Russell Jaenke drives the Brisbane Valley Highway almost every day, and has seen first-hand the dangerous behaviour of impatient drivers.
Russell Jaenke drives the Brisbane Valley Highway almost every day, and has seen first-hand the dangerous behaviour of impatient drivers.

Driver fears for family’s life on dangerous state highway

A SOMERSET business owner, who makes regular use of the notoriously dangerous Brisbane Valley Highway, is worried his wife won’t make it home from the road one day.

Russell Jaenke, who uses the highway daily for his work, said people were “taking risks” when overtaking on the highway.

“I live just off the Brisbane Valley Highway, and with work, whichever way I go, I’ve got to start on the highway,” Tropic Blinds operator Mr Jaenke said.

“My wife goes to Ipswich, and I worry until she gets home, because one day there’ll be an accident.”

While the Somerset Regional Council’s focus has been on convincing the Transport and Main Roads Minister Mark Bailey to carry out a full safety upgrade, Mr Jaenke has suggested new overtaking lanes would help alleviate some of the road’s dangers.

READ MORE: Safety Review reveals highway dangers

“If you’re leaving Ipswich, you have the Blacksoil interchange, the next overtaking lane is Wanora. That’s a really short one, if you’re not quick you won’t get past,” he said.

“After that there’s no overtaking lanes for the next 80 kilometres until you reach the D’Aguilar Highway.”

Travelling south the Brisbane Valley Highway also offers very limited opportunities for drivers to overtake.

“If you come the other way, you’ve got the good long overtaking lane on the flats before Toogoolawah, and you’ve got one just on the other side of Toogoolawah, coming up the hill,” Mr Jaenke said.

He said the southbound overtaking lane at Wanora was also too short for overtaking efficiently.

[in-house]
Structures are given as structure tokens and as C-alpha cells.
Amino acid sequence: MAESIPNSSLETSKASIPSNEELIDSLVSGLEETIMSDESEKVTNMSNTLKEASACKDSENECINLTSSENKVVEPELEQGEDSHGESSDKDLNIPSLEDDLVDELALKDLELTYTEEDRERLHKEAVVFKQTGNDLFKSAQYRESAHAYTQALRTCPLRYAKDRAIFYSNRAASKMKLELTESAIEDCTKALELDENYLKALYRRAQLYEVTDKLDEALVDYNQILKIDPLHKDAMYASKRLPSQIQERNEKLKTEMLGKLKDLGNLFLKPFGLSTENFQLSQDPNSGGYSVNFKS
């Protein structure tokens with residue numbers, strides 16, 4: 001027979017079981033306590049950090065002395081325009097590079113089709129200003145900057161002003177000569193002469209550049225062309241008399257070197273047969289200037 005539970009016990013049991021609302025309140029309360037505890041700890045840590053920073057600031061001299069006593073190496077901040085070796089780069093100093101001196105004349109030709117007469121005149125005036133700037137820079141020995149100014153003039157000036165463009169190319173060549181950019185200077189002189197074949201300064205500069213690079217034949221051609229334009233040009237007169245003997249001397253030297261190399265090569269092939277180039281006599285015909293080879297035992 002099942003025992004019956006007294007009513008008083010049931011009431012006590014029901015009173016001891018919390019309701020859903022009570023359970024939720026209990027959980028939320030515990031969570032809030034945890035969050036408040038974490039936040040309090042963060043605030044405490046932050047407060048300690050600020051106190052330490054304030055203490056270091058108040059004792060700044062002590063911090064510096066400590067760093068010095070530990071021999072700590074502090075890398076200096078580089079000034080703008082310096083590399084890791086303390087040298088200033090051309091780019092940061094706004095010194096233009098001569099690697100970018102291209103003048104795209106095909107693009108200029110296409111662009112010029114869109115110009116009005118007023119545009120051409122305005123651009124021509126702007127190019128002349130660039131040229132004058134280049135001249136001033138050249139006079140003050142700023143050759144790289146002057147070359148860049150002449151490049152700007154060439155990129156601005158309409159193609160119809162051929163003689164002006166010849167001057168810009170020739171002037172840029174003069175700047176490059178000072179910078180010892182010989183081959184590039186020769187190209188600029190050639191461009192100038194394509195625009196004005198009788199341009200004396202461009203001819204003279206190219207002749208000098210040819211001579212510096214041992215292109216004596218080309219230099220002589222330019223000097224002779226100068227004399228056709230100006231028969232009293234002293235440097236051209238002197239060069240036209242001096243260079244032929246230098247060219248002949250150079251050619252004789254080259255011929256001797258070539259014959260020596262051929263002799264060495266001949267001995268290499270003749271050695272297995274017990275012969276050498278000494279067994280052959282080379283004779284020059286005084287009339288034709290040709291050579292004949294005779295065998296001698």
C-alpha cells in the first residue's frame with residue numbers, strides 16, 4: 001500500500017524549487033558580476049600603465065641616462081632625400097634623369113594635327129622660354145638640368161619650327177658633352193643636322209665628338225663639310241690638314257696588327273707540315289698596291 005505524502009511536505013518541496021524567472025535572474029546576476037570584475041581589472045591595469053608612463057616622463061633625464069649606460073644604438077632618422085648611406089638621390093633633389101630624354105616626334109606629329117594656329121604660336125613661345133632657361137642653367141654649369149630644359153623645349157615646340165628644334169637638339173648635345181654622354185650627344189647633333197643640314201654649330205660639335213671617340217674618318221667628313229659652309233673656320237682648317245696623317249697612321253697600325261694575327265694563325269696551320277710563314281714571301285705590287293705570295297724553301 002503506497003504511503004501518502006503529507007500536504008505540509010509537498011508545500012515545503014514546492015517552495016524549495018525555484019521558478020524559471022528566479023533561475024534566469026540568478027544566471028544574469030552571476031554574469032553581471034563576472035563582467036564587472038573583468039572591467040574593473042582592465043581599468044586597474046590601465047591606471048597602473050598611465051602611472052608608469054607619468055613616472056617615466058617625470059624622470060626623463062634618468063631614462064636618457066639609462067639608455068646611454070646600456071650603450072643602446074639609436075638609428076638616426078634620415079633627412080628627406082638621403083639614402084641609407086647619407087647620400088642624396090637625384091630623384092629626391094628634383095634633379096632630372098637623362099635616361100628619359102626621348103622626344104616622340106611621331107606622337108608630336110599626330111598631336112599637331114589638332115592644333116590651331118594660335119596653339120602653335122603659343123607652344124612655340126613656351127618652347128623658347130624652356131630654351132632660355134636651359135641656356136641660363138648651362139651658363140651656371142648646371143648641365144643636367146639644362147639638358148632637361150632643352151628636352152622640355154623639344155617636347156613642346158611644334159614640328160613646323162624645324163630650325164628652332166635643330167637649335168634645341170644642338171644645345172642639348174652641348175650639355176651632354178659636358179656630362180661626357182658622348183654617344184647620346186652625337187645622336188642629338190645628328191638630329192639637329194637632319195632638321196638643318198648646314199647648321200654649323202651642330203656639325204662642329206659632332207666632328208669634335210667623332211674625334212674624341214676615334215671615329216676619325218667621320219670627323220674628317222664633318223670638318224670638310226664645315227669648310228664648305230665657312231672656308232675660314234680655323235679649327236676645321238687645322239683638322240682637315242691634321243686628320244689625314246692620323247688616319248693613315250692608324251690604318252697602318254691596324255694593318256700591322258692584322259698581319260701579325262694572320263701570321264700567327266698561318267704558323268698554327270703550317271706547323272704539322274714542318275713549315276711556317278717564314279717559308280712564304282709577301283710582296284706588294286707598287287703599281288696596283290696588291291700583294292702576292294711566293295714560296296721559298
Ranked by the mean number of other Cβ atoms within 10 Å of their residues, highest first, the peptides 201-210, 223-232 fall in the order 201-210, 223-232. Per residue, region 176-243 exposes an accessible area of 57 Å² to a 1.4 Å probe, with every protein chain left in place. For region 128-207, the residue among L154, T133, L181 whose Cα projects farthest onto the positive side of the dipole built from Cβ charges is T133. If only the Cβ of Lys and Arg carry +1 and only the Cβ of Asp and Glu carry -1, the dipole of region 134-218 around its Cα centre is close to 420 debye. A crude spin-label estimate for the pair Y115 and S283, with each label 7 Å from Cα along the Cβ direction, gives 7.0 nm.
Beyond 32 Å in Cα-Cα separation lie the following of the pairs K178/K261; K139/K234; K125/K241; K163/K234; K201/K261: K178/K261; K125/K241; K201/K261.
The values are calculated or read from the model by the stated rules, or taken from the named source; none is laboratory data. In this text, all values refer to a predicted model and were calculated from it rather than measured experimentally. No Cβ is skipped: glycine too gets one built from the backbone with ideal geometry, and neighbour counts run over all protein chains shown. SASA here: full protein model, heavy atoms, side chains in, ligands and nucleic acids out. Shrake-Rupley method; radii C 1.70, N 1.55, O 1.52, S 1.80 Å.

The increasing amount of heavy traffic making use of the highway is the main reason he believes additional overtaking lanes are necessary.

“You might be sitting behind cattle trucks, you might be sitting behind caravans and grey nomads,” he said.

“There’s a lot of old people out there, and they sit on the highway at 80 kilometres an hour. You just can’t get around.”

REA D MORE: Why upgrades to the SH17 road are so crucial

Mr Jaenke said these conditions could lead to drivers becoming impatient, which could lead to more risky behaviour.

“It’s not uncommon to get someone who just pulls out and sits in the right-hand lane, and doesn’t overtake. That’s just sheer ignorance,” he said.

“People get impatient. We’re humans, we’re not patient people unfortunately. People just don’t stop and think how fast the car coming towards them is going, and how fast they’re going.”

Me Jaenke spoke about a particularly close encounter he remembers witnessing.

“The one that really sticks to my mind is the day I bought my last car. It was just getting on dark, I was on my way home from picking it up in Ipswich. In my mirror I saw a car pull out from a few cars behind me, and I looked ahead and I could see a car coming,” he said.

“I thought, ‘this guy’s not going to make it’ so I backed off so he could cut in, but he didn’t, he kept going. The oncoming vehicle, he hit the brakes and left the road, luckily it was a four-wheel drive, and this other guy just kept going.”

READ MORE: Road works to begin on unsafe highway

In addition to the risk to drivers, the conditions of the highway are coming at a cost to residents in other ways.

“When I first moved to that area, my motor vehicle insurance went up, because the postcode I live in is a high risk for accidents,” Mr Jaenke said.

“That’s not to say the people who live in that area have accidents, but because we’re on a major highway, and it’s a bad highway, there’s accidents, so we cop extra.”

He said there was ample space along the highway to install overtaking lanes.

“There’s plenty of spaces they could put an overtaking lane, because the road reserve is wide enough to slip another lane in,” he said.

“They need to be long, though, not like the short ones at Wanora, because only one car gets around, and that’s it.”

Mr Jaenke recently wrote to the Somerset Regional Council voicing his concerns, with the hope his letter could be tabled for future discussions between the council and other bodies involved in managing the highway.

“It’s costing residents more money through insurance, it’s costing people’s lives,” he said.

“It’s no use just reducing the speed, because that’ll create more impatient people. The logical thing to do is put in overtaking lanes, in the right spots.”

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